Groups of mice were immunized with a single dose of χ10010(pCD1Ap) (Δcrp), 10017(pCD1Ap) (araC PBAD crp), or Y. pestis KIM5 (Pgm) and challenged 35 days later. For these experiments, we wanted to use the highest possible immunizing dose for each strain. We based our decision on immunizing doses for each strain on the LD50 data, shown above. Therefore, we immunized with a dose of 3 × 104 CFU of 10017(pCD1Ap), 3.8 × 107 CFU of 10010(pCD1Ap), or 2.5 × 107 CFU of Y. pestis KIM5 (Pgm), respectively. Our results after challenge show that a single s.c. dose of χ10010(pCD1Ap) or Y. pestis KIM5 (Pgm) provided excellent protection against a 1 × 106-LD50 s.c. challenge (Fig. (Fig.4A).4A). A single s.c. dose of χ10017(pCD1Ap) provided complete protection against a 10,000-LD50 s.c. challenge without any symptoms (Fig. (Fig.4B).4B). Immunization with strain χ10010(pCD1Ap) delayed the time of death but ultimately did not provide protection against a 100-LD50 i.n. challenge. Immunization with the Y. pestis strain χ10017(pCD1Ap) or the pgm mutant strain KIM5 provided significant protection (P < 0.001), protecting most of the mice against a 100-LD50 i.n. challenge (Fig. (Fig.4C).4C). None of the mice immunized with PBS survived challenge by either route (Fig. (Fig.44).

FIG. 4.
Survival of immunized and nonimmunized mice after Y. pestis KIM5+ challenge. (A) Swiss Webster mice vaccinated s.c. with 3.8 × 107 CFU of χ10010(pCD1Ap) or 2.5 × 107 CFU of Y. pestis KIM5 (Pgm) were challenged ...

Serum immune responses.

Serum IgG responses to YpL and LcrV from immunized mice were measured by ELISA. High anti-YpL (Fig. (Fig.5A)5A) titers were slower to develop for the arabinose-regulated crp mutant, χ10017(pCD1Ap), than for the Δcrp mutant, χ10010(pCD1Ap), but by week 4, the titers were similar. Also by week 4, the anti-LcrV (Fig. (Fig.5B)5B) serum IgG titers were somewhat higher in mice immunized with χ10017(pCD1Ap) than in mice immunized with χ10010(pCD1Ap). Titers against both antigens were boosted in mice challenged s.c. No boosting was observed in the mice immunized with χ10017(pCD1Ap) after i.n. challenge.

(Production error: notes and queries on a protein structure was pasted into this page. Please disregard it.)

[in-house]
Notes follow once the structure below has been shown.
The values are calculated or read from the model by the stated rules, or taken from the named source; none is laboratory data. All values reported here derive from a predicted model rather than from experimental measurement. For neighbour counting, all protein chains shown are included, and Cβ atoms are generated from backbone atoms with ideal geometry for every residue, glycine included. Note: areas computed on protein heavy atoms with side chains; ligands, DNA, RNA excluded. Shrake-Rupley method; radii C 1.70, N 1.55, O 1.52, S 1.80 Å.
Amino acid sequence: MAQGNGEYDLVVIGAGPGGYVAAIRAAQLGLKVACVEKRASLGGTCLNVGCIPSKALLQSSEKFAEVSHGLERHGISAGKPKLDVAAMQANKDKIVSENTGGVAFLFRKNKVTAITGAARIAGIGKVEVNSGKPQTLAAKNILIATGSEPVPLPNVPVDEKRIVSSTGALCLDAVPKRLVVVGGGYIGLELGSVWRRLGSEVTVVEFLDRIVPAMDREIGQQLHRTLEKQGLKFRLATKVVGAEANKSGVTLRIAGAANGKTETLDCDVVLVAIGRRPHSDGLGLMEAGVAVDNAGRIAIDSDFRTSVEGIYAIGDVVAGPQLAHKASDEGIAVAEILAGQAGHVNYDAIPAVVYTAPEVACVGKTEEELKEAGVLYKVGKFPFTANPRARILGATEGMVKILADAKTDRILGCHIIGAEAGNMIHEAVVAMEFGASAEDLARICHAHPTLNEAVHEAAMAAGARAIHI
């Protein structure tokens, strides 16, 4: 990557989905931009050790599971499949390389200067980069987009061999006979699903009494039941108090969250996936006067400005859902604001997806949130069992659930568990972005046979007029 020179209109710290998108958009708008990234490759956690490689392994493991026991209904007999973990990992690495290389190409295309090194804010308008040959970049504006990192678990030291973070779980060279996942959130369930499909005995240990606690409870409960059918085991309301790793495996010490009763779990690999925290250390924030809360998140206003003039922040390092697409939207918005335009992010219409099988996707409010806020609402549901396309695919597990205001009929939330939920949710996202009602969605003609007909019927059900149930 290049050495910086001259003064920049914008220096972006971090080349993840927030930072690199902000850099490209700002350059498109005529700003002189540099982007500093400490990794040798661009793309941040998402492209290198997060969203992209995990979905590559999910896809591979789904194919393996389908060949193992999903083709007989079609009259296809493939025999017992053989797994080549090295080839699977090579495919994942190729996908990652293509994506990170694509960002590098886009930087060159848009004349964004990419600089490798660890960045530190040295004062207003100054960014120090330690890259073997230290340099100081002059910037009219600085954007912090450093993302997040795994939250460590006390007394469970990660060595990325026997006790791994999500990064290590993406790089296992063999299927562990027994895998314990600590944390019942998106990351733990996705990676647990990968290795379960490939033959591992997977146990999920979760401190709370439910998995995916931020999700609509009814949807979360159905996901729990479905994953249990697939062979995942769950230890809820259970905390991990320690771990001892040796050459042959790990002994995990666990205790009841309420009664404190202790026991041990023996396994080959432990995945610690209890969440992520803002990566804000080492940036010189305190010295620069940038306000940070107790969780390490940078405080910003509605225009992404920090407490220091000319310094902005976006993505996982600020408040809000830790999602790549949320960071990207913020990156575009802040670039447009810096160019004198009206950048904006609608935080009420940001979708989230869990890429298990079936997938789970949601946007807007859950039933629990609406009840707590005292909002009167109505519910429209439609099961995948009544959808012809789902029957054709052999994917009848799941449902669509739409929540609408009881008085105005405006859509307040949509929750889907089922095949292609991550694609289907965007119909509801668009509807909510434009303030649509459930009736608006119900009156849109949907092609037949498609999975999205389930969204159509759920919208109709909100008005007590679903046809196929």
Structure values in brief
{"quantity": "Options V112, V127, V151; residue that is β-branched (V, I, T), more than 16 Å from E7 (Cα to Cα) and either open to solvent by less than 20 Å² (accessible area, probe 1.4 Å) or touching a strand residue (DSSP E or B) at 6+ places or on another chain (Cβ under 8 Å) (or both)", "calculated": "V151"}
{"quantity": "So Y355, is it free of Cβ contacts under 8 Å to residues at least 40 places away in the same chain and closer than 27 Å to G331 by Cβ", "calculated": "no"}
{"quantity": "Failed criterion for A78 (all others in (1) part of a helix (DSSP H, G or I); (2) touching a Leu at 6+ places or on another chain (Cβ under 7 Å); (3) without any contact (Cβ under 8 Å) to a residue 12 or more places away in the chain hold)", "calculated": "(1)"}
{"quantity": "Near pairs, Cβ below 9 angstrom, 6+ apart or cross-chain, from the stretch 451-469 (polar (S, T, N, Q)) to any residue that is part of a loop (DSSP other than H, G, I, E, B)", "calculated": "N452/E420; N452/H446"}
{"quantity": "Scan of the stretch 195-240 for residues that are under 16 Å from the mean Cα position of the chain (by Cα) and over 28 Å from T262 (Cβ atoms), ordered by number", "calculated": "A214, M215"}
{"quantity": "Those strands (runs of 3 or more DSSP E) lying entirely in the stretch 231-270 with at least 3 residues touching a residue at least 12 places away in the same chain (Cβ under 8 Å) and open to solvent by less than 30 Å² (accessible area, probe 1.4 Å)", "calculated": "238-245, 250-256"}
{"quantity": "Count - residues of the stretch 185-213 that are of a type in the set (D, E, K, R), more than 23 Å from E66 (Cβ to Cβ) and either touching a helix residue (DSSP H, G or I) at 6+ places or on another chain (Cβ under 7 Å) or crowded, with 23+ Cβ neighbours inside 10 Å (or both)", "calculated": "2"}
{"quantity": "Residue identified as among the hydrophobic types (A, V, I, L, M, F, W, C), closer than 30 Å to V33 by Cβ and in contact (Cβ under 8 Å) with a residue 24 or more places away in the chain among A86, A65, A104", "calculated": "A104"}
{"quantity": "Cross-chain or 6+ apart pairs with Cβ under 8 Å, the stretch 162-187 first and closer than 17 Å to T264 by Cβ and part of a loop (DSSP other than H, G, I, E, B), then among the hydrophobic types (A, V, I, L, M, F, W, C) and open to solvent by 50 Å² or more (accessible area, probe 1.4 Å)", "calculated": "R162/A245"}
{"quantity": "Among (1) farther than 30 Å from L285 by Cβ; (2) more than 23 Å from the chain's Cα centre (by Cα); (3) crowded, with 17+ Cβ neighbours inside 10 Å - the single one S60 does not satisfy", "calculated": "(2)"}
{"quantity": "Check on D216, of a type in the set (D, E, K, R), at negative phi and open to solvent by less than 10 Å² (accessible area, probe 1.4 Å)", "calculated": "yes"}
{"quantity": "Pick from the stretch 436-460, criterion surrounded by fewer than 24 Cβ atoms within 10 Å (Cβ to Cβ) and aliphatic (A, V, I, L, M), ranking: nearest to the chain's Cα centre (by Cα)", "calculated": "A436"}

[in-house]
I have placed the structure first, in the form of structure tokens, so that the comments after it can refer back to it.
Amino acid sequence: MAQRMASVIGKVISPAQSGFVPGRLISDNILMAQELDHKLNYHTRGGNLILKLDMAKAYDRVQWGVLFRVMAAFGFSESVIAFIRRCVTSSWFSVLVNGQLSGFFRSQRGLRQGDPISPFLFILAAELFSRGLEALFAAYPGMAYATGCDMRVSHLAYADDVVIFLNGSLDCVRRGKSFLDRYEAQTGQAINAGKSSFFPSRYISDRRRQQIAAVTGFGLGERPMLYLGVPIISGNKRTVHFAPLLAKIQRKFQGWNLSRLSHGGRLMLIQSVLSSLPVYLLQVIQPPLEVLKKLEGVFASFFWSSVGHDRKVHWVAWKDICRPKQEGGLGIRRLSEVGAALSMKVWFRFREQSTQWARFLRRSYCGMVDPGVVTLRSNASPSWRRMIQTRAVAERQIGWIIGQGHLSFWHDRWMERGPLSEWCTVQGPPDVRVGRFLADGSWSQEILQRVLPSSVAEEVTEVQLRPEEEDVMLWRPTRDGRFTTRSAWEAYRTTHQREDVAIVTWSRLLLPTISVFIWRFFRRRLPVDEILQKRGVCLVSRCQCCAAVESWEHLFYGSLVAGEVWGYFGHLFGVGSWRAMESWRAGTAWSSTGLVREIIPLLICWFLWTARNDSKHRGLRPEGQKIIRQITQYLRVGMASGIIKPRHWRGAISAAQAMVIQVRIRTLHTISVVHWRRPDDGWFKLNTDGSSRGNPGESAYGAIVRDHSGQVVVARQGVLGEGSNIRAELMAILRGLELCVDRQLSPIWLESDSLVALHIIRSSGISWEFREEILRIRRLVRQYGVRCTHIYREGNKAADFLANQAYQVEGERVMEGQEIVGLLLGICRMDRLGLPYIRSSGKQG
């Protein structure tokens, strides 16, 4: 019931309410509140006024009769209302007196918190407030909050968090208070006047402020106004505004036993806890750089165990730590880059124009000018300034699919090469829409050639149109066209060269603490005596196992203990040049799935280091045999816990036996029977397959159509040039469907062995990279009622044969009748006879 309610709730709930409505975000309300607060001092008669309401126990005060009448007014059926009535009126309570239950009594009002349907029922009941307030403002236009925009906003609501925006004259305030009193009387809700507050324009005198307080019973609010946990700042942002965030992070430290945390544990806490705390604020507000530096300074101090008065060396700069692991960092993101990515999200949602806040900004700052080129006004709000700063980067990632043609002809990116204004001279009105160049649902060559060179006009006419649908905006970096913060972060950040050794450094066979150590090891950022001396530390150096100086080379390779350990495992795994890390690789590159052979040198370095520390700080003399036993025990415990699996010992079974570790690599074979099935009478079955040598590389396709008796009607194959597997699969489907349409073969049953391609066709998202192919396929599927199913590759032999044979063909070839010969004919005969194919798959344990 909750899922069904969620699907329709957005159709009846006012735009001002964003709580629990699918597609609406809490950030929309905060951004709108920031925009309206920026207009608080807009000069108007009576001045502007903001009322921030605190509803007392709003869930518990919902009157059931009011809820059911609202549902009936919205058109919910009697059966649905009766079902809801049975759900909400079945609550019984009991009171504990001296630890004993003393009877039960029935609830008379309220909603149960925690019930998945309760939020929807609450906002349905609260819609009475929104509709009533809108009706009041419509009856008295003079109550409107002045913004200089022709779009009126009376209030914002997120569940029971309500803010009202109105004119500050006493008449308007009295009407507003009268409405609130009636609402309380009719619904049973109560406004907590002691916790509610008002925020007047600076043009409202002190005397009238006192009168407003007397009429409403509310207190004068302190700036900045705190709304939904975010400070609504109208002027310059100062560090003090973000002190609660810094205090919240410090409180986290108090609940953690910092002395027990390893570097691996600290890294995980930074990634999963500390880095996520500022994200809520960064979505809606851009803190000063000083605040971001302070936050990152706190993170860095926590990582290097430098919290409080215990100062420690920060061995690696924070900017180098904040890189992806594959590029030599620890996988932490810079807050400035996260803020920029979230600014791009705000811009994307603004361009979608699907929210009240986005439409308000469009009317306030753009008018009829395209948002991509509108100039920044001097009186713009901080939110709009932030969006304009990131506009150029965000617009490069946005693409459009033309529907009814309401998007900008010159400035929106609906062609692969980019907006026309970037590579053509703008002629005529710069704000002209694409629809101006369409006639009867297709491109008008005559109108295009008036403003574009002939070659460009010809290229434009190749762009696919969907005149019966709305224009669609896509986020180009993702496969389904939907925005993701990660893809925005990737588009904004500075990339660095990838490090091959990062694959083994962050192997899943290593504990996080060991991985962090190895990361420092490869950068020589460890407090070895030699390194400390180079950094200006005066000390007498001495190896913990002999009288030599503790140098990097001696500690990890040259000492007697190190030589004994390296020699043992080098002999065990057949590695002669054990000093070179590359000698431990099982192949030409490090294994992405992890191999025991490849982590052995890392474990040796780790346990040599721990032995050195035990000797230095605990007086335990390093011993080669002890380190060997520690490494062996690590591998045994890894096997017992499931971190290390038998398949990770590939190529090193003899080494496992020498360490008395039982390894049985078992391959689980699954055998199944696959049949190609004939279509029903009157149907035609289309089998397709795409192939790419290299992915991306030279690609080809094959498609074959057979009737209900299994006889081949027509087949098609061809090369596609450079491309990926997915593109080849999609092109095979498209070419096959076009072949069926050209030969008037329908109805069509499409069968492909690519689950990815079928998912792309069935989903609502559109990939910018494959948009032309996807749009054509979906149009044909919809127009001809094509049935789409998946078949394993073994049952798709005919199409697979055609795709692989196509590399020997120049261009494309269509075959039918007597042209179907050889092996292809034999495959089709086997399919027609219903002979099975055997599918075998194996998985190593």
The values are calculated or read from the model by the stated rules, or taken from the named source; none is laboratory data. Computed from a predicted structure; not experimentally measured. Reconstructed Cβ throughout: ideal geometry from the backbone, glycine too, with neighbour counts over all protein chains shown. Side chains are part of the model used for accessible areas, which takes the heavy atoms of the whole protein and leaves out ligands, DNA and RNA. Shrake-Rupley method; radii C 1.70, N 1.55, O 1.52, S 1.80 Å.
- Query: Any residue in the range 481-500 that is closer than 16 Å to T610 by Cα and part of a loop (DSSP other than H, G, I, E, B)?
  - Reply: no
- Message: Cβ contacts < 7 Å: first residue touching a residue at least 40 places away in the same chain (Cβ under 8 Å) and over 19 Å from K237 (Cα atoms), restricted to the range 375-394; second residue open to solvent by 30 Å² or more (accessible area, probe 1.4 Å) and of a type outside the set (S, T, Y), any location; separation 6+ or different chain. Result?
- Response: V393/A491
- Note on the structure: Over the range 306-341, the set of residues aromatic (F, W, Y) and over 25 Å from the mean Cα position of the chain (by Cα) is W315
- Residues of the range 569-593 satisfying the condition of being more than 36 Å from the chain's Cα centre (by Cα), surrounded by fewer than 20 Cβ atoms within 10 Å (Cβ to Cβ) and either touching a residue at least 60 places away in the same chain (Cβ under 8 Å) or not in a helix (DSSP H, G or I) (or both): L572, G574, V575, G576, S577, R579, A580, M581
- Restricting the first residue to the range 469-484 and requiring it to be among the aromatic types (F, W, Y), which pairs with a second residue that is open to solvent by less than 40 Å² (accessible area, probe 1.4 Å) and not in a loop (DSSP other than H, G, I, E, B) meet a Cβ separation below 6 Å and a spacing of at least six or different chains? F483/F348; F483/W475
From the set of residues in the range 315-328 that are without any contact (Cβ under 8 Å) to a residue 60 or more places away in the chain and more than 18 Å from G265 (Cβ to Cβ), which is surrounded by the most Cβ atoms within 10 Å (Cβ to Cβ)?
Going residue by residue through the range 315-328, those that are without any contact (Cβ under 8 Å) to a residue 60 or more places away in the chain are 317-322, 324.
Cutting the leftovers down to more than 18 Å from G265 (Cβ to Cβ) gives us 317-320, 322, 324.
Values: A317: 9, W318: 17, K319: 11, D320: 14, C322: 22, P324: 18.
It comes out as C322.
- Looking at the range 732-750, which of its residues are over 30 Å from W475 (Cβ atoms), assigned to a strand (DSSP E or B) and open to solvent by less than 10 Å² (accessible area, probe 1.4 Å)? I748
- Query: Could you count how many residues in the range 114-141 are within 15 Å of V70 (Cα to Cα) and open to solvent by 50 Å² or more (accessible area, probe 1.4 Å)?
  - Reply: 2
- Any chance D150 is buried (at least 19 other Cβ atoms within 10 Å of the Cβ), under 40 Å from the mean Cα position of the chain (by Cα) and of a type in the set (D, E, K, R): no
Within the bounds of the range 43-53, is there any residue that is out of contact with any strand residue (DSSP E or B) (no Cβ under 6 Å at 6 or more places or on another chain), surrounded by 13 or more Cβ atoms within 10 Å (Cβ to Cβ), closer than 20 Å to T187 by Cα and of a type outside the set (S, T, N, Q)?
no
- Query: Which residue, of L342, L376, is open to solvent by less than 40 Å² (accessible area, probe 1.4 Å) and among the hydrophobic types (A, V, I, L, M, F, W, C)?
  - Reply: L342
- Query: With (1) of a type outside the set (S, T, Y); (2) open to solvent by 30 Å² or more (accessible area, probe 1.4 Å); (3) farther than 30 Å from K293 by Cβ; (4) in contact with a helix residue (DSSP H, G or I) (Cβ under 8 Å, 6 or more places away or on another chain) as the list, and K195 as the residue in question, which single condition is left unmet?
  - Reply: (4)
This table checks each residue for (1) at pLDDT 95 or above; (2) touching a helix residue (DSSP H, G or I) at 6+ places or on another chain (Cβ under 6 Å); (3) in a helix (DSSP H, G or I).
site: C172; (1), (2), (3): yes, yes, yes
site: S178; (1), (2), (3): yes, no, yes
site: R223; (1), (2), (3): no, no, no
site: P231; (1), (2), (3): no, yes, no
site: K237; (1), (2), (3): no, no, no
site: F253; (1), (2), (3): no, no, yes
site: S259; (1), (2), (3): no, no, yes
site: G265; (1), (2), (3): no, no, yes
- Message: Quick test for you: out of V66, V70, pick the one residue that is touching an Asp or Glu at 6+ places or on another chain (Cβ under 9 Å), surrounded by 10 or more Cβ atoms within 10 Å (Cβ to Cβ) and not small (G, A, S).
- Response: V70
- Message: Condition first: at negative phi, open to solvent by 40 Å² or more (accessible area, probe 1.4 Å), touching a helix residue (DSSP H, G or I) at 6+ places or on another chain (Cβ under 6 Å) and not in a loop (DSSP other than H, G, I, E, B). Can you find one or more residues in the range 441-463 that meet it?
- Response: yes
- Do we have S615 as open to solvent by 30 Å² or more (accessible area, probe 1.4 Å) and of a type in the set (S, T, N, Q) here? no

FIG. 5.
The IgG response in sera of mice inoculated with χ10010(pCD1Ap) or χ10017(pCD1Ap). (A) Y. pestis KIM5+ whole-cell lysate (YpL) was used as the coating antigen. (B) Recombinant LcrV was used as the coating antigen. *, P ...

Th1 cells direct cell-mediated immunity and promote class switching to IgG2a, and Th2 cells provide potent help for B-cell antibody production and promote class switching to IgG1 (17). The Δcrp strain χ10010(pCD1Ap) elicited a strong Th2-biased response against both antigens, with high IgG1 titers and low IgG2 titers (Fig. 6A and B). Strain χ10017(pCD1Ap) induced a more balanced Th1/Th2 response (Fig. 6C and D). Challenge did not have much effect on the IgG1/IgG2a ratios, except for the anti-LcrV response in mice immunized with χ10010(pCD1Ap), where the response became more balanced.

FIG. 6.
Serum IgG1 and IgG2a responses to YpL and recombinant LcrV. (A) IgG1 and IgG2a antibody levels to YpL in sera of mice immunized s.c. with χ10010(pCD1Ap). (B) IgG1 and IgG2a antibody levels to recombinant LcrV in sera of mice subcutaneously immunized ...

Induction of cytokines.